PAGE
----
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1 in 10 leaving work due to lack of menopause support - INMO
Press release 18.10.21
On World Menopause Day, the INMO has published results of a member survey on experiences of the menopause, in which most respondents (82%) stated they had considered leaving work due to menopausal symptoms, with more than 1 in 10 (12%) of respondents already leaving or having left their profession as a result. 
 
While 85% of respondents stated that they were in early stages of menopause, perimenopause or post-menopause, almost half (47.8%) of respondents said that they were not at all prepared for menopause, and 16% stated they had no education or information at all with regard to menopause. 
 
The impact on quality of life was also measured, with 18% of respondents stating that their symptoms of menopause were severe or debilitating, and 90% stating that these symptoms affected them at work, while 42% stated they had missed more than 5 days of work as a result. 
 
The survey also highlighted the impact of stigma in the workplace, with almost two-thirds (62.9%) of respondents stating they did not inform their employer of the reason for this absence, and 37% reporting they would not feel confident discussing menopause with their line manager. 
 
The INMO issued a position paper in 2019 on menopause in the workplace, making it the first organisation in the country to call for employer action on behalf of employees experiencing menopause. The paper called for:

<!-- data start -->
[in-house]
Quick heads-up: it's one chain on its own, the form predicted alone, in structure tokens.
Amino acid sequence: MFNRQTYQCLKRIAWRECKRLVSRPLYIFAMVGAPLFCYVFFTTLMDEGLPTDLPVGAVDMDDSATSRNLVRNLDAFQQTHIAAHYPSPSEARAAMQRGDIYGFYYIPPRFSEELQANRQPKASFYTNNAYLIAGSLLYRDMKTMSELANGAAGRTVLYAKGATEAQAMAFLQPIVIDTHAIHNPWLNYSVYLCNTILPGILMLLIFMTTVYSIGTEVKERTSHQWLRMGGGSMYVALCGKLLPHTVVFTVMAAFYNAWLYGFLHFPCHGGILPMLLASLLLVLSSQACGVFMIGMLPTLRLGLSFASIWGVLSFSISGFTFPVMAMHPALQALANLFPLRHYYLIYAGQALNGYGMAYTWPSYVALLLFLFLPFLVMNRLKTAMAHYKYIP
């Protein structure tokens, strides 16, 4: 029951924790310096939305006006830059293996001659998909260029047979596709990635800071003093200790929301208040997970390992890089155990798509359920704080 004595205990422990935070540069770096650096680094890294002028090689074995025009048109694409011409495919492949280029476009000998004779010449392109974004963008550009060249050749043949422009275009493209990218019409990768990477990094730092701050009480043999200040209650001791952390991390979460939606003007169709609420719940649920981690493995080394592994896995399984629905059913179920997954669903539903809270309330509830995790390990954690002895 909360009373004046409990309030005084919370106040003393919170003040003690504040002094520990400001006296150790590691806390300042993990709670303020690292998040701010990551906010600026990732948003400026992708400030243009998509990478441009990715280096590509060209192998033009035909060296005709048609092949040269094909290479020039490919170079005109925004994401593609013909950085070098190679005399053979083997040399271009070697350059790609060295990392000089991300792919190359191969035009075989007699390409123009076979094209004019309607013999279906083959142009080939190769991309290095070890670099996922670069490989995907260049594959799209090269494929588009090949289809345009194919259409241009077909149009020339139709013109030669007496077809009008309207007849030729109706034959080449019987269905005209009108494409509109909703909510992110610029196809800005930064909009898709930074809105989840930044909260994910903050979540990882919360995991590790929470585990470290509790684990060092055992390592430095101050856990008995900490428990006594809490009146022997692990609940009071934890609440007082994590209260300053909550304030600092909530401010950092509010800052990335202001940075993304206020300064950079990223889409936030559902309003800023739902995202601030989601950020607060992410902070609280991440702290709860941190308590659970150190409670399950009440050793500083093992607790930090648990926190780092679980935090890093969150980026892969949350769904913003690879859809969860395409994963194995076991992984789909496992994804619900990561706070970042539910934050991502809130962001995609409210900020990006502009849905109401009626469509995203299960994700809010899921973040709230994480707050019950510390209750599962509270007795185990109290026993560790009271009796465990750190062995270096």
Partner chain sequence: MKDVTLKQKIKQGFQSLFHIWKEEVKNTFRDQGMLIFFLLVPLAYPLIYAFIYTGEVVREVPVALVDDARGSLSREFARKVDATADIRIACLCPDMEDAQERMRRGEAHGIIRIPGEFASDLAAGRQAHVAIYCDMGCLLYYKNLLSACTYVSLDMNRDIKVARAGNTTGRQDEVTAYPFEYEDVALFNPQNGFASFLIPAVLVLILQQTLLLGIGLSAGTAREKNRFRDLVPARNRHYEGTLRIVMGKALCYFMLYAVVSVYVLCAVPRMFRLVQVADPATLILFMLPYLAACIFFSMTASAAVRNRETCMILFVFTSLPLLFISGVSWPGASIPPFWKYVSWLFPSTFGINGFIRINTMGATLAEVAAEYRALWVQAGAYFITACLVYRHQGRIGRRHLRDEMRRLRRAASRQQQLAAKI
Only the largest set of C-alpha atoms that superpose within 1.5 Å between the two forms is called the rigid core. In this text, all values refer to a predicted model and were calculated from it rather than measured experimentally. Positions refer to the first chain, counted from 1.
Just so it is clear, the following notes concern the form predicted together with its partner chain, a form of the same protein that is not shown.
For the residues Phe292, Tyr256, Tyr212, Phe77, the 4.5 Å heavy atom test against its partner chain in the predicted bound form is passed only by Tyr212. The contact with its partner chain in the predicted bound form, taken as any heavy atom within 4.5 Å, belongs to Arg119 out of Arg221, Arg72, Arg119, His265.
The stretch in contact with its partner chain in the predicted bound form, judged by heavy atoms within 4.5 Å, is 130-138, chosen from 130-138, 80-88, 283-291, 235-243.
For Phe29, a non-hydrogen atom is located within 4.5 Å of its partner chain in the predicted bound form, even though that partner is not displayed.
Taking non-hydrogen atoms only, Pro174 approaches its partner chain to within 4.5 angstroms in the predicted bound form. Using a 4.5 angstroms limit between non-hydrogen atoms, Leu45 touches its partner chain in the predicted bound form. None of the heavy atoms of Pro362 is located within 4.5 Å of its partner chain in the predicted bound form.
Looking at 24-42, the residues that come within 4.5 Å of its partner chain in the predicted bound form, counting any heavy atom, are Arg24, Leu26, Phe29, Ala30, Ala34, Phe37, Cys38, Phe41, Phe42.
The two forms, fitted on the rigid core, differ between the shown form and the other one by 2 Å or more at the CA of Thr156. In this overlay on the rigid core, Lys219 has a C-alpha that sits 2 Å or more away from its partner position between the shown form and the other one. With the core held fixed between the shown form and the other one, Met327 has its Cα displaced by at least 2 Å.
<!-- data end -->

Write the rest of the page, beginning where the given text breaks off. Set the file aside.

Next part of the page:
• Development of workplace policies that promote support of women during menopause
• Education and training regarding the menopause
 
In response to the survey results, INMO President Karen McGowan said 
“There is a huge need for education and awareness training for all staff in our workplaces, and across society. Silence around women’s health issues is damaging, and it impacts equality in society and at work. 
 
“Nurses and midwives have told us the pressure they’re under at work is being made worse because there aren’t reasonable accommodations being made for menopausal symptoms, and they don’t feel they can speak up.”
 
INMO general secretary Phil Ni Sheaghdha said
“This is very serious. The potential for women’s careers to be negatively impacted by menopause needs to be eliminated, and education and awareness training are key to reducing stigma and facilitating the vital conversations women need to have at work.
 
“With an overwhelmingly female workforce, the health service should be a leader in promoting workplace wellbeing for people experiencing menopause. Development of workplace policies is an employer responsibility for fostering equality and is vital for retaining skilled staff in their professions. “
 

 

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